Beauvoir tree project includes education outreach - WLOX.com - The News for South Mississippi

Beauvoir tree project includes education outreach

BILOXI, MS (WLOX) -

A place best known for historic preservation turned its attention to trees on Wednesday. Beauvoir hosted a workshop, teaching participants how best to protect and maintain live oak trees. It included planting, pruning and root stimulation.  

"What's fascinating to me is that these trees you're around, were here when Davis was. If they could only talk, imagine the stories they would tell," said Bertram Hayes-Davis.

Jefferson Davis' great, great grandson tells visitors how those historic trees are getting renewed attention.

"It's the first real restoration project. We're taking old trees down, replacing with new growth and we're going to continue to do that throughout the property so at a certain point in time we will re-forest this back to what it was in the 1880s," said Hayes-Davis.

What it is now is an opportunity for education.

"We don't want to plant the tree too deeply," said arborist Tony Miller. "That's one of the biggest problems with planting trees."

Arborists and other tree experts shared their knowledge about caring for live oaks.

"A lot about what's on the coast now is managing the trees in a way that it's going to decrease storm damage when the next storm comes," said Donna Yowell, with the Mississippi Urban Forest Council.

"We're going to get what we can reach, just to give you a general idea of what we do, why we do it and the proper way of pruning some of these trees," said Miller, as a worker with a chain saw began his trimming task overhead.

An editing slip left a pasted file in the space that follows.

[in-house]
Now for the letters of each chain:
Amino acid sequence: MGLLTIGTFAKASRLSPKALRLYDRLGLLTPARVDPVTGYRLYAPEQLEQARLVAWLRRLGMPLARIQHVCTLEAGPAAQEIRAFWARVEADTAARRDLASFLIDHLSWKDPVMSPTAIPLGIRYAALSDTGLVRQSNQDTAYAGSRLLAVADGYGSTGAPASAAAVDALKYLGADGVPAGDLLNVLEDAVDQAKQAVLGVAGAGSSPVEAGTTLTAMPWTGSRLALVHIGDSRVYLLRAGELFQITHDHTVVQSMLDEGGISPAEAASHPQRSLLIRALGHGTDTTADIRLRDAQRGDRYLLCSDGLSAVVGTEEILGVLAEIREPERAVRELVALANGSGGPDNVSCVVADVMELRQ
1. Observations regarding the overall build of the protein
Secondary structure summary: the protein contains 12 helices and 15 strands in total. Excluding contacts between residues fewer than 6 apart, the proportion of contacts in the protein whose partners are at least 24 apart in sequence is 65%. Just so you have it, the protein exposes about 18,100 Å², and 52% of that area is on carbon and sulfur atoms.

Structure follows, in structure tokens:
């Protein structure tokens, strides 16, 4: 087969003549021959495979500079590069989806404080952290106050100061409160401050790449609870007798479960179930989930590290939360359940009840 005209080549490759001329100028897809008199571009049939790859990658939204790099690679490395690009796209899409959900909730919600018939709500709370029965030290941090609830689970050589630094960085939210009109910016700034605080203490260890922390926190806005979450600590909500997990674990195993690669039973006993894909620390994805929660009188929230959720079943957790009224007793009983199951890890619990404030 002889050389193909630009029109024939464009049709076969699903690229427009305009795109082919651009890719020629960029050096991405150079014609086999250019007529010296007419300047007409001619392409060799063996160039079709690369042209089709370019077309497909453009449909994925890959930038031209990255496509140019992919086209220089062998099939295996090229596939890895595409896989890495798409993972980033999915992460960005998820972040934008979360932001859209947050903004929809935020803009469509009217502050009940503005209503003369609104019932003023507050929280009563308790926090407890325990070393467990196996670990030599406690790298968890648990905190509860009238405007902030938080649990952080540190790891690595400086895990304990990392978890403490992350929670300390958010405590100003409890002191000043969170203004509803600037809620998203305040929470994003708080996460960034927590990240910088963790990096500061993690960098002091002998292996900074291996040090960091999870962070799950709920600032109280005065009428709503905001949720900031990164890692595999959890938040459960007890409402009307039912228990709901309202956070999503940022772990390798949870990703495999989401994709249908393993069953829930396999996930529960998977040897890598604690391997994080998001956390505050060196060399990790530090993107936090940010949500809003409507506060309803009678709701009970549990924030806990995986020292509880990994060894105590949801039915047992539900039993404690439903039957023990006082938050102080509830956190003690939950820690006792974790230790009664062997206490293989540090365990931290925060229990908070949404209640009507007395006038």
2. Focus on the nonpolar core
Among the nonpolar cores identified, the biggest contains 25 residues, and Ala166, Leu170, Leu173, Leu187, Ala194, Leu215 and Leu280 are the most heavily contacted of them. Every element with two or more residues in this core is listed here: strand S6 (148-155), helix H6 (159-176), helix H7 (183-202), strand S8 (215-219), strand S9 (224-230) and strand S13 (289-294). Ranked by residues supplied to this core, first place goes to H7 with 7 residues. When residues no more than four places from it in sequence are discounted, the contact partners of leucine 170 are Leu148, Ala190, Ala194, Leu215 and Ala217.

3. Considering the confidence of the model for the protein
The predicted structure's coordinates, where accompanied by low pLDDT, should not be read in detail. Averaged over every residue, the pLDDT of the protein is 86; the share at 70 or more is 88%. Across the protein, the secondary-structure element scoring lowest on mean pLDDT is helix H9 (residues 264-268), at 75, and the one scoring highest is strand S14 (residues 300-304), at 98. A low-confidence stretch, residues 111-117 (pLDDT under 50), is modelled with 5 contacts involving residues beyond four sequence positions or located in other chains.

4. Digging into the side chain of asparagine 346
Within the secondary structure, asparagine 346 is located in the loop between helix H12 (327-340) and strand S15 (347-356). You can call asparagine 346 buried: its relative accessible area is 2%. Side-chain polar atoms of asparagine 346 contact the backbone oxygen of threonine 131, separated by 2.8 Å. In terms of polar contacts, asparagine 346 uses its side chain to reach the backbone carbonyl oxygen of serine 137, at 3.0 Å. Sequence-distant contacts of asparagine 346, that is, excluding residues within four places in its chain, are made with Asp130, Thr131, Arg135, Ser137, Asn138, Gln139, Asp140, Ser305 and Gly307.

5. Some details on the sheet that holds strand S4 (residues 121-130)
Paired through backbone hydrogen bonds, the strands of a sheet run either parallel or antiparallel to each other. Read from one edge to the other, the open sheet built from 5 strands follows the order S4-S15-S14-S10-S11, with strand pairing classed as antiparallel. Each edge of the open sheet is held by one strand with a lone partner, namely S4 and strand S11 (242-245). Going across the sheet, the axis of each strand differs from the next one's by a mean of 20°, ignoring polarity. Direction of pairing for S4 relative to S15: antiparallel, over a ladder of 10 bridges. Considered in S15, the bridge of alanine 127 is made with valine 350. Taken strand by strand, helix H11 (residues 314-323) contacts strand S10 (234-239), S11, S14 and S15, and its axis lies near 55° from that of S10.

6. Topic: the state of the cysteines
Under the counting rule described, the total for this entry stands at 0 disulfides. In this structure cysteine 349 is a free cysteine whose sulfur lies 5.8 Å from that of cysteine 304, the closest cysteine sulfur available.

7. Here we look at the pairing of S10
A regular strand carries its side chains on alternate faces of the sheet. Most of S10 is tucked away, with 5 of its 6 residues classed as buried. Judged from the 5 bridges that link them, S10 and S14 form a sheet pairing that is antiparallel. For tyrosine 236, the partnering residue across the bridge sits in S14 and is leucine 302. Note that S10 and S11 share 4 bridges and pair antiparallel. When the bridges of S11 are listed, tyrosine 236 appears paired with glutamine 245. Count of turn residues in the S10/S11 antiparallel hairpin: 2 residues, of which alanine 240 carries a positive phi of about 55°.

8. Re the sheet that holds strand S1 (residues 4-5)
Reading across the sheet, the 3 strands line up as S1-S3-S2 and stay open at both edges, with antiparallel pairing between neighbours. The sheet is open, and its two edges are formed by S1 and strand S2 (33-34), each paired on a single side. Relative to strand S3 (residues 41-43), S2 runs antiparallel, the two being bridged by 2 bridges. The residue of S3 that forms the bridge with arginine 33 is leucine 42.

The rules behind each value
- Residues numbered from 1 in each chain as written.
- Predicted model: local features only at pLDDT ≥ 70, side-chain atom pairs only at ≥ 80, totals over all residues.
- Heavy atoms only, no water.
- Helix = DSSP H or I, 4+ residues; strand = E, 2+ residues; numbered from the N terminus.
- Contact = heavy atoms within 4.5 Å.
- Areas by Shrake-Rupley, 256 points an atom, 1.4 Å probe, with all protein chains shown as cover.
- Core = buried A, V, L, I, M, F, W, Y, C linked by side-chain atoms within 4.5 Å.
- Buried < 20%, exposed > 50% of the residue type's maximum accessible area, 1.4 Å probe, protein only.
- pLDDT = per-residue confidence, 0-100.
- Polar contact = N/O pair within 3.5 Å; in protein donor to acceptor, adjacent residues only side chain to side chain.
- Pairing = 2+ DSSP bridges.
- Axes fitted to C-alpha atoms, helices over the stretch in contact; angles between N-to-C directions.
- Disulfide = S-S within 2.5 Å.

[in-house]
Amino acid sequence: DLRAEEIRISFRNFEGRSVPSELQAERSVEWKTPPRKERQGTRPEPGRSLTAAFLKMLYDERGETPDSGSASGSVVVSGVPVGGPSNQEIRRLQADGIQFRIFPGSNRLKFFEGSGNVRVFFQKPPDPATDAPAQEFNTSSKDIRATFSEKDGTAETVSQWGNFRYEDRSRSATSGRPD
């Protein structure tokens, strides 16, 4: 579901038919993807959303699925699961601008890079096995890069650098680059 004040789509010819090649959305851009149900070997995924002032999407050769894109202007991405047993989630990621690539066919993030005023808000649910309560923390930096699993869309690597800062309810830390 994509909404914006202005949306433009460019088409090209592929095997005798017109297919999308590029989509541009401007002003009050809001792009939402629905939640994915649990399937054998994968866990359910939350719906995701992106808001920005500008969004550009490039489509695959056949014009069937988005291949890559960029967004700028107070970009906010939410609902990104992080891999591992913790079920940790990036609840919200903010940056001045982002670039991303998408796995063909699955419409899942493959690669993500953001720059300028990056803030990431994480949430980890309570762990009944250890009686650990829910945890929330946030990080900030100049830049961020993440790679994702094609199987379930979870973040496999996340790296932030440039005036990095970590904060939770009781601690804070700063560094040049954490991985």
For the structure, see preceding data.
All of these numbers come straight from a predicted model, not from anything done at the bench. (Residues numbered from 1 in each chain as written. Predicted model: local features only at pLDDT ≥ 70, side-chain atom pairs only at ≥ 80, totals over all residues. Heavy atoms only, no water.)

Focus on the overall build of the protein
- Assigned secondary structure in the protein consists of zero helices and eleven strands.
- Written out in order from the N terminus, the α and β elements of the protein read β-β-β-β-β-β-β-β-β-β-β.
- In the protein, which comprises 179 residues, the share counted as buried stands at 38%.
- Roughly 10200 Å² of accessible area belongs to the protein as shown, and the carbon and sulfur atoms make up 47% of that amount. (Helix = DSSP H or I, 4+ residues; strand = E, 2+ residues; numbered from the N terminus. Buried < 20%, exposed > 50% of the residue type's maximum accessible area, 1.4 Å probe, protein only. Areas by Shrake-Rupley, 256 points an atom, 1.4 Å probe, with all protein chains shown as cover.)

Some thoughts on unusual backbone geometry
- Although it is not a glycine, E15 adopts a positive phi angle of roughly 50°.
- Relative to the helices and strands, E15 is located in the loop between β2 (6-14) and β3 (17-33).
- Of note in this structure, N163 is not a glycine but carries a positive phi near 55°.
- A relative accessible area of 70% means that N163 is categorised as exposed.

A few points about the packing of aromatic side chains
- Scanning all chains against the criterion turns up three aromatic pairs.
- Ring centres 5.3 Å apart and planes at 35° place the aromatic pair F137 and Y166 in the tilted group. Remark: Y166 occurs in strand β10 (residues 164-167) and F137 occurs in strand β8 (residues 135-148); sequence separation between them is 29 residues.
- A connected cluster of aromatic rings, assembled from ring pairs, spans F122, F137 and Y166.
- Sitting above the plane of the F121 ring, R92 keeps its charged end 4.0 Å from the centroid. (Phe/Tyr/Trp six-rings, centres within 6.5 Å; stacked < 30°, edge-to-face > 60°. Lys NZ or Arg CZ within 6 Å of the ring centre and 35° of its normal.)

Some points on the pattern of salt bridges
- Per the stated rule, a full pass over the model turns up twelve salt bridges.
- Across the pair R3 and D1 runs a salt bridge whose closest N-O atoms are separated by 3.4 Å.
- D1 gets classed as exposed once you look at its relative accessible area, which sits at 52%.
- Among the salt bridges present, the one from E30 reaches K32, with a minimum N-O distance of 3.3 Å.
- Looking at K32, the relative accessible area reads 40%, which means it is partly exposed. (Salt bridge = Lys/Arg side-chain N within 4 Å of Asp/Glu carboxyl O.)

Eighty years ago, pecan tree farmers in Mississippi understood the importance of breaking up the soil around their trees. They did that by dropping sticks of dynamite underground. These days, fracturing the soil is still important for healthy roots. But gone is the dynamite. It's been replaced by a gas powered machine.

A worker sticks a metal spike into the ground. Compressed air, fed through a hose, gives the hard ground a jolt, followed by a fertilizer injection.

"We're just turning old trees that are in decline, back around by re-stimulating the root system," said David Fulgham.

Along with the live oak planting and pruning, there's another major landscape improvement underway at Beauvoir. Workers are busy creating the Varina Davis garden project, located behind the main historic home.

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